The bitterness that people feel during divorce can motivate them to do outright unethical things. For example, you may have discovered that your spouse has started giving away, donating or even selling your personal property or assets that you jointly own. Instead of selling it for a reasonable price, they are using garage sale pricing for assets that have emotional or significant financial value.
If you intend to file for divorce, it is natural to worry that your spouse’s wasteful behavior will have a significant impact on your rights. After all, Arizona is a community property state for asset division. The more they give away now, the less you will have a claim to when you divorce. Is there any way to protect yourself?
Document what they give away and try to determine its value
Giving away, destroying or selling assets for a pittance are all examples of intentional dissipation of marital property. Your spouse might have started this behavior with the hope of reducing how much you get in the divorce.
The good news is that if you can document what they have wasted or destroyed and place a price on those assets, you can ask the courts to consider that behavior when splitting up your property. The courts will also consider wasteful spending that diminishes your bank account balance or accrues major debts for your household.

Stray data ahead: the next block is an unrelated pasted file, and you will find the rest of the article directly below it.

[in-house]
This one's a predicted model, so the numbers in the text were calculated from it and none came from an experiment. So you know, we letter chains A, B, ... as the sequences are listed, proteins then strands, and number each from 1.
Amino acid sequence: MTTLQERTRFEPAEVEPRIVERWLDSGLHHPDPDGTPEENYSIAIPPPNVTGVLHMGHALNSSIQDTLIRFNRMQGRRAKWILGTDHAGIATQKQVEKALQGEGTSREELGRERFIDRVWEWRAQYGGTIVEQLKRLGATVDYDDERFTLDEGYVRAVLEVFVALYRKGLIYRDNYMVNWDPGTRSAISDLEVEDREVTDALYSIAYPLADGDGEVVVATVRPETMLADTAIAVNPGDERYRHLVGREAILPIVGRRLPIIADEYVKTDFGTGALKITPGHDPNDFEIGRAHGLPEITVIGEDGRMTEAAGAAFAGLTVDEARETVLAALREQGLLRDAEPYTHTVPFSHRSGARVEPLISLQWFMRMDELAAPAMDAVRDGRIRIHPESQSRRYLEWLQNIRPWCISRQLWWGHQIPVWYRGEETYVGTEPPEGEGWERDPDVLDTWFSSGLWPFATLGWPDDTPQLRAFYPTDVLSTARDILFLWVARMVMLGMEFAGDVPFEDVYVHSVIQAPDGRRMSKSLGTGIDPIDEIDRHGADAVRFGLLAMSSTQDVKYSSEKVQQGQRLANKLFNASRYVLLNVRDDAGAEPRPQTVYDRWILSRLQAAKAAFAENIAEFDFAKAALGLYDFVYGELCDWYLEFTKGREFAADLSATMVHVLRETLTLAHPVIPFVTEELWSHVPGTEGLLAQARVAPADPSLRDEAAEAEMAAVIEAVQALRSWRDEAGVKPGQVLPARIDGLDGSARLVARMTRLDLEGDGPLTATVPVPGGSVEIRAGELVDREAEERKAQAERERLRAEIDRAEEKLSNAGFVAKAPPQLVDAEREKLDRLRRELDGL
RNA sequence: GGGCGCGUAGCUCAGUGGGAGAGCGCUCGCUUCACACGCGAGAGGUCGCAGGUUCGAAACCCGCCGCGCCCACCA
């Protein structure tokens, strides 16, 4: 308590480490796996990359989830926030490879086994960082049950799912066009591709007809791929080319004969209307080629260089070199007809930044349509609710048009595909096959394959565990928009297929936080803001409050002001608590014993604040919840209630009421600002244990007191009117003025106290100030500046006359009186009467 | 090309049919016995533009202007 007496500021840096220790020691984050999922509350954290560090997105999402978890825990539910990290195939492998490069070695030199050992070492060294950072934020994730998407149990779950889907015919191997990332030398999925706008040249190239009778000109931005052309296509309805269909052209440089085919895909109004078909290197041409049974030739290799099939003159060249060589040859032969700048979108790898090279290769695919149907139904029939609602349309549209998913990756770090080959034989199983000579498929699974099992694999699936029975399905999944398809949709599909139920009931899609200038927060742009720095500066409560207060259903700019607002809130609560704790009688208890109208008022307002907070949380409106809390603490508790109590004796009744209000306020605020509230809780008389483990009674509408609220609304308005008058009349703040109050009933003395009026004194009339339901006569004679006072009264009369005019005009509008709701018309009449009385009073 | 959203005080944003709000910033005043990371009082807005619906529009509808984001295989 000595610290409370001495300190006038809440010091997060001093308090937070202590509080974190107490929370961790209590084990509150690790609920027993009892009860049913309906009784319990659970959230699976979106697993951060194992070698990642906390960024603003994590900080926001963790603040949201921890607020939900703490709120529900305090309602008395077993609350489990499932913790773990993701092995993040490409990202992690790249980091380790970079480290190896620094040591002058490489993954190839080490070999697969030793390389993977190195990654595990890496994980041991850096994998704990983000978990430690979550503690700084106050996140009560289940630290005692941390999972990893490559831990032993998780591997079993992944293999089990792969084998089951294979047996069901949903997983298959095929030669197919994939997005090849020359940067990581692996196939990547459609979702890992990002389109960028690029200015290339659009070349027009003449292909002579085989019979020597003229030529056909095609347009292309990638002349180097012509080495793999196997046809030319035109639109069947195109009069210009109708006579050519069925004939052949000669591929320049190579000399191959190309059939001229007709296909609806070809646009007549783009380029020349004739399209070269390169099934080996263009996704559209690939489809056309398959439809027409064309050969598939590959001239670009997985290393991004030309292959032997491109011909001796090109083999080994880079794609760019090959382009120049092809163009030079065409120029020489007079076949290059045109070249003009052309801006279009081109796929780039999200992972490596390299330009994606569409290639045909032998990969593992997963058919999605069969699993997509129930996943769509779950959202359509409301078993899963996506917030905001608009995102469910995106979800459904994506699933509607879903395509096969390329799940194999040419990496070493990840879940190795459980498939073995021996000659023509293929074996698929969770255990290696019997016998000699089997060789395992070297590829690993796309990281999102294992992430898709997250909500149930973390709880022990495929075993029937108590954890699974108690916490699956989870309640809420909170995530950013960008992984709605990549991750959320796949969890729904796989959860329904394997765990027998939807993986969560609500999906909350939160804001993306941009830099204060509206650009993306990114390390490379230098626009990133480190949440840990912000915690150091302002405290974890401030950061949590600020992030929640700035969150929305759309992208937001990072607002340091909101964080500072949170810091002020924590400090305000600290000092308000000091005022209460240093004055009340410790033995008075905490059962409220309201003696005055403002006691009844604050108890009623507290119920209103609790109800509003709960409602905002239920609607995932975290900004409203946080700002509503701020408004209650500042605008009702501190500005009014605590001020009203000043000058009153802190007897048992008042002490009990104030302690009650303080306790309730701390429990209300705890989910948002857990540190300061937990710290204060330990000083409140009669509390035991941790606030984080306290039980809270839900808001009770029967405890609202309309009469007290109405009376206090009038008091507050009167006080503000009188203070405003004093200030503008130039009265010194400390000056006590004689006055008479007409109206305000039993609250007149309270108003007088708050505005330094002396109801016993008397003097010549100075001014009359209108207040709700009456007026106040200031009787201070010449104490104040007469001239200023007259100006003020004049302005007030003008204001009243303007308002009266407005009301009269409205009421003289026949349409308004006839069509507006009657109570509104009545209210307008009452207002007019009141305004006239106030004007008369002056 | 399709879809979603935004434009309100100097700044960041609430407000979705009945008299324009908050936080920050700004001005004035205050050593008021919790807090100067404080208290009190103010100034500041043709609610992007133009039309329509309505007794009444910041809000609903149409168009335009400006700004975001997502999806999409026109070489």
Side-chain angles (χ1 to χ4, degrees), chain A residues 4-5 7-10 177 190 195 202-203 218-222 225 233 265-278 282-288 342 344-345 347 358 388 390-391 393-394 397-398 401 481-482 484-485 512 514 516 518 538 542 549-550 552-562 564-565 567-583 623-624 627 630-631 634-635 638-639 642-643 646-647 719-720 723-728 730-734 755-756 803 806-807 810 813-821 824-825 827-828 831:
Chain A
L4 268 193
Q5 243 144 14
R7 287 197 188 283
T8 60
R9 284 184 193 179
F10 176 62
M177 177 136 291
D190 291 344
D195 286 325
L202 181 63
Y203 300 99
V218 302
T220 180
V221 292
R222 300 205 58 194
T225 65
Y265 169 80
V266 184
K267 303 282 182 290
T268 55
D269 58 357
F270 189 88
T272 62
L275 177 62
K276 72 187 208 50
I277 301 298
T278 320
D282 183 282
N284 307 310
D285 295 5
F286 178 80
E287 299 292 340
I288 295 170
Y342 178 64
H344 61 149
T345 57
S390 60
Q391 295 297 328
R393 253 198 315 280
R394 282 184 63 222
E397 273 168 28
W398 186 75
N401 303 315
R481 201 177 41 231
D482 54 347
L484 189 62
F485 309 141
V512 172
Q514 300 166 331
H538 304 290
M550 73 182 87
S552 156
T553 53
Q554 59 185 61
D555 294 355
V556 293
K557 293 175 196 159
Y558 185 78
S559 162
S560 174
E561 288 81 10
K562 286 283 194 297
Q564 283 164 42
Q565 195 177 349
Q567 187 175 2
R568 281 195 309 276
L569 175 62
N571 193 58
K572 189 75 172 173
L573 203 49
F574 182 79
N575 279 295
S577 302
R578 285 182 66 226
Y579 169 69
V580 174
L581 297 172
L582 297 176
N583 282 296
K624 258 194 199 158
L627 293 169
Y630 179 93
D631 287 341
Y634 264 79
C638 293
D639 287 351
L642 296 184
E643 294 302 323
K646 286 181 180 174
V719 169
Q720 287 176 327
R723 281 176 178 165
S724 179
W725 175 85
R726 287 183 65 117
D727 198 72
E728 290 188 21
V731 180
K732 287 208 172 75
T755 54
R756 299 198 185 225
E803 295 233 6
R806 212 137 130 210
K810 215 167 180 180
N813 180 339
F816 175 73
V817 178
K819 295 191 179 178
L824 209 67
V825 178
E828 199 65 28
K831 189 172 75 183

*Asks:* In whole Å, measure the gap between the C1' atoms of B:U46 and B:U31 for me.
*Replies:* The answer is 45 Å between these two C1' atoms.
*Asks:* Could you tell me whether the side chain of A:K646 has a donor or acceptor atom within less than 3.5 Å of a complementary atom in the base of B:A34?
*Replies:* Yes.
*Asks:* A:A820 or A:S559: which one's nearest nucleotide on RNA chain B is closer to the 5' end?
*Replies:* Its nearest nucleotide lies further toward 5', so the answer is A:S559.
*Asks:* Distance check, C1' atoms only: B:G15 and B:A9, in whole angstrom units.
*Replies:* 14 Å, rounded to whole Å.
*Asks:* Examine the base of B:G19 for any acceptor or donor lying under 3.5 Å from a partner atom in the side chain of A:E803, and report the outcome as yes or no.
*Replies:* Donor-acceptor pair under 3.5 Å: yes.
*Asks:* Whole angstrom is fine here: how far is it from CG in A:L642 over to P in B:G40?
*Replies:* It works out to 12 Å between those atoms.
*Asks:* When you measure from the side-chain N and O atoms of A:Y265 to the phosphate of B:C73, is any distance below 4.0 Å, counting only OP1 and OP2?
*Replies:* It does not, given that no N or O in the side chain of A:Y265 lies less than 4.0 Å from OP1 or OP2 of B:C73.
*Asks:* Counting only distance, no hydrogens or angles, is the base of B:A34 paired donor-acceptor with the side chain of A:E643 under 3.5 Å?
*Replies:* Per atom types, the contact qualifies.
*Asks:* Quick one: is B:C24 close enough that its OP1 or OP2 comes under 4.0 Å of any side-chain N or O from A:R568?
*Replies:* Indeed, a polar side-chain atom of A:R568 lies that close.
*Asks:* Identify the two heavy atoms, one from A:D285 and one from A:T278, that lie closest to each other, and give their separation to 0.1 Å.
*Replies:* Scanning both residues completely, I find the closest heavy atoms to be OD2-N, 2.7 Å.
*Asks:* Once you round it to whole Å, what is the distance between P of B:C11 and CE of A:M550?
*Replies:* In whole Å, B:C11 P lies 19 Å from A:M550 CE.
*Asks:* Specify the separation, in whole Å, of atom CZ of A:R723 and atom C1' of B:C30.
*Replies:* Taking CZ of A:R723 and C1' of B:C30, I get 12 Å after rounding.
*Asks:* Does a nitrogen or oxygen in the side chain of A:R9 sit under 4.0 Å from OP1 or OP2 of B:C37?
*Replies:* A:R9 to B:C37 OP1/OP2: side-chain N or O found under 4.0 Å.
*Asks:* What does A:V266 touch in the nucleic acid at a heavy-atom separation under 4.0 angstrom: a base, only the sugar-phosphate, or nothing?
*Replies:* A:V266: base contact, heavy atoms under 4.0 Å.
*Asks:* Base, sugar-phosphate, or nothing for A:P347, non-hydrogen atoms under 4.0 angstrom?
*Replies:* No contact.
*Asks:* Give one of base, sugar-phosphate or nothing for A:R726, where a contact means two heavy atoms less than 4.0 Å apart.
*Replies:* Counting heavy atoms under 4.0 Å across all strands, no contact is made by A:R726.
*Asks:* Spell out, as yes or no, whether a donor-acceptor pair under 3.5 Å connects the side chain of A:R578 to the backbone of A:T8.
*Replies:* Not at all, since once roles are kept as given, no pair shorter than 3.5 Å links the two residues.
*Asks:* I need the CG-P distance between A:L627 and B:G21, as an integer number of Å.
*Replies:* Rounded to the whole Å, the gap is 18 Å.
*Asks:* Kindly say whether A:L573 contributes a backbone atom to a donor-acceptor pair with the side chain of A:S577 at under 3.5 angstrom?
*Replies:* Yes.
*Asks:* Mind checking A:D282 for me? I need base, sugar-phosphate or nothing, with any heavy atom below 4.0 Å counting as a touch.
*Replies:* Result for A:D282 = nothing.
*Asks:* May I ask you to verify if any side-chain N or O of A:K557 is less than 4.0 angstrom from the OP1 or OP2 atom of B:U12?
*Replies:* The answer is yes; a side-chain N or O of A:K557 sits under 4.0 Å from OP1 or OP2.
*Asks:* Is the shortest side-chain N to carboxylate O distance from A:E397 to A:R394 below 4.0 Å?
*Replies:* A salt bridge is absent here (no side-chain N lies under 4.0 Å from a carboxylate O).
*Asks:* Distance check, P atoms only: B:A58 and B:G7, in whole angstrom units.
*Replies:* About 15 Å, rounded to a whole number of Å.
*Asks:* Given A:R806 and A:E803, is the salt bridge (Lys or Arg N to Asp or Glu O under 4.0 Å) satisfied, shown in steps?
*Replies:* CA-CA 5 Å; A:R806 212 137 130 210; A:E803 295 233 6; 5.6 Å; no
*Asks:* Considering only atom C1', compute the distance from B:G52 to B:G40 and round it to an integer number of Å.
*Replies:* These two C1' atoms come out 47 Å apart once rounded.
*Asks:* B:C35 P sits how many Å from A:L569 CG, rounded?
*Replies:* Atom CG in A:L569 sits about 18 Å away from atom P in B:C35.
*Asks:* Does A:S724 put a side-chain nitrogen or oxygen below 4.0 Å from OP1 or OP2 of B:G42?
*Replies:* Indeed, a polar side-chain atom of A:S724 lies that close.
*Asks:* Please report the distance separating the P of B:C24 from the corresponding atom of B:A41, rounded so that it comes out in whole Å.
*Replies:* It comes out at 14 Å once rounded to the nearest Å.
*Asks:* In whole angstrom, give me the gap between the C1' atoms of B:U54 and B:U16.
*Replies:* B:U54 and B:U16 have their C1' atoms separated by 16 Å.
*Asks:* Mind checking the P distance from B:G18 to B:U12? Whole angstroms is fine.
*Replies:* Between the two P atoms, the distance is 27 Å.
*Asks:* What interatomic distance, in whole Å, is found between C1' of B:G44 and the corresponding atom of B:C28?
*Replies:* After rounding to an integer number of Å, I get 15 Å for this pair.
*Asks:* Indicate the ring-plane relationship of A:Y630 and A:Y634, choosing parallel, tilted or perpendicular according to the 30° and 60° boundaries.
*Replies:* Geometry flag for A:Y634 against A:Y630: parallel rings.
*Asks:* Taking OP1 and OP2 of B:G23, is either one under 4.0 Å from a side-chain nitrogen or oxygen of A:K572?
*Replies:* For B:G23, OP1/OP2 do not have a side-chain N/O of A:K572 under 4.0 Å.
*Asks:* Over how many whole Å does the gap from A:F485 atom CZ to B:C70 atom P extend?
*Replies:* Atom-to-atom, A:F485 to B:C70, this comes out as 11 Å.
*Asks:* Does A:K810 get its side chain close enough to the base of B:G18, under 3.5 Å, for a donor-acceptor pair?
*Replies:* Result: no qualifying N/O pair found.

If the courts do rule that your spouse’s behavior constitutes dissipation, it will likely have a direct impact on how the courts split your assets and your debts.
Accurate financial records and asset inventories are critical
The only way to prove that your spouse has given away and wasted property is to have documentation of everything in your marital estate. The sooner you start recording what you own and putting appropriate values on those assets, the more thorough your records will be.
Protecting yourself from dissipation doesn’t just require that you get copies of financial paperwork and keep a record of your physical property. You may need to take more aggressive steps to avoid significant diminishment of your household assets. Discussing your concerns with the lawyer can give you ideas about how to hold your spouse accountable for their inappropriate financial behavior.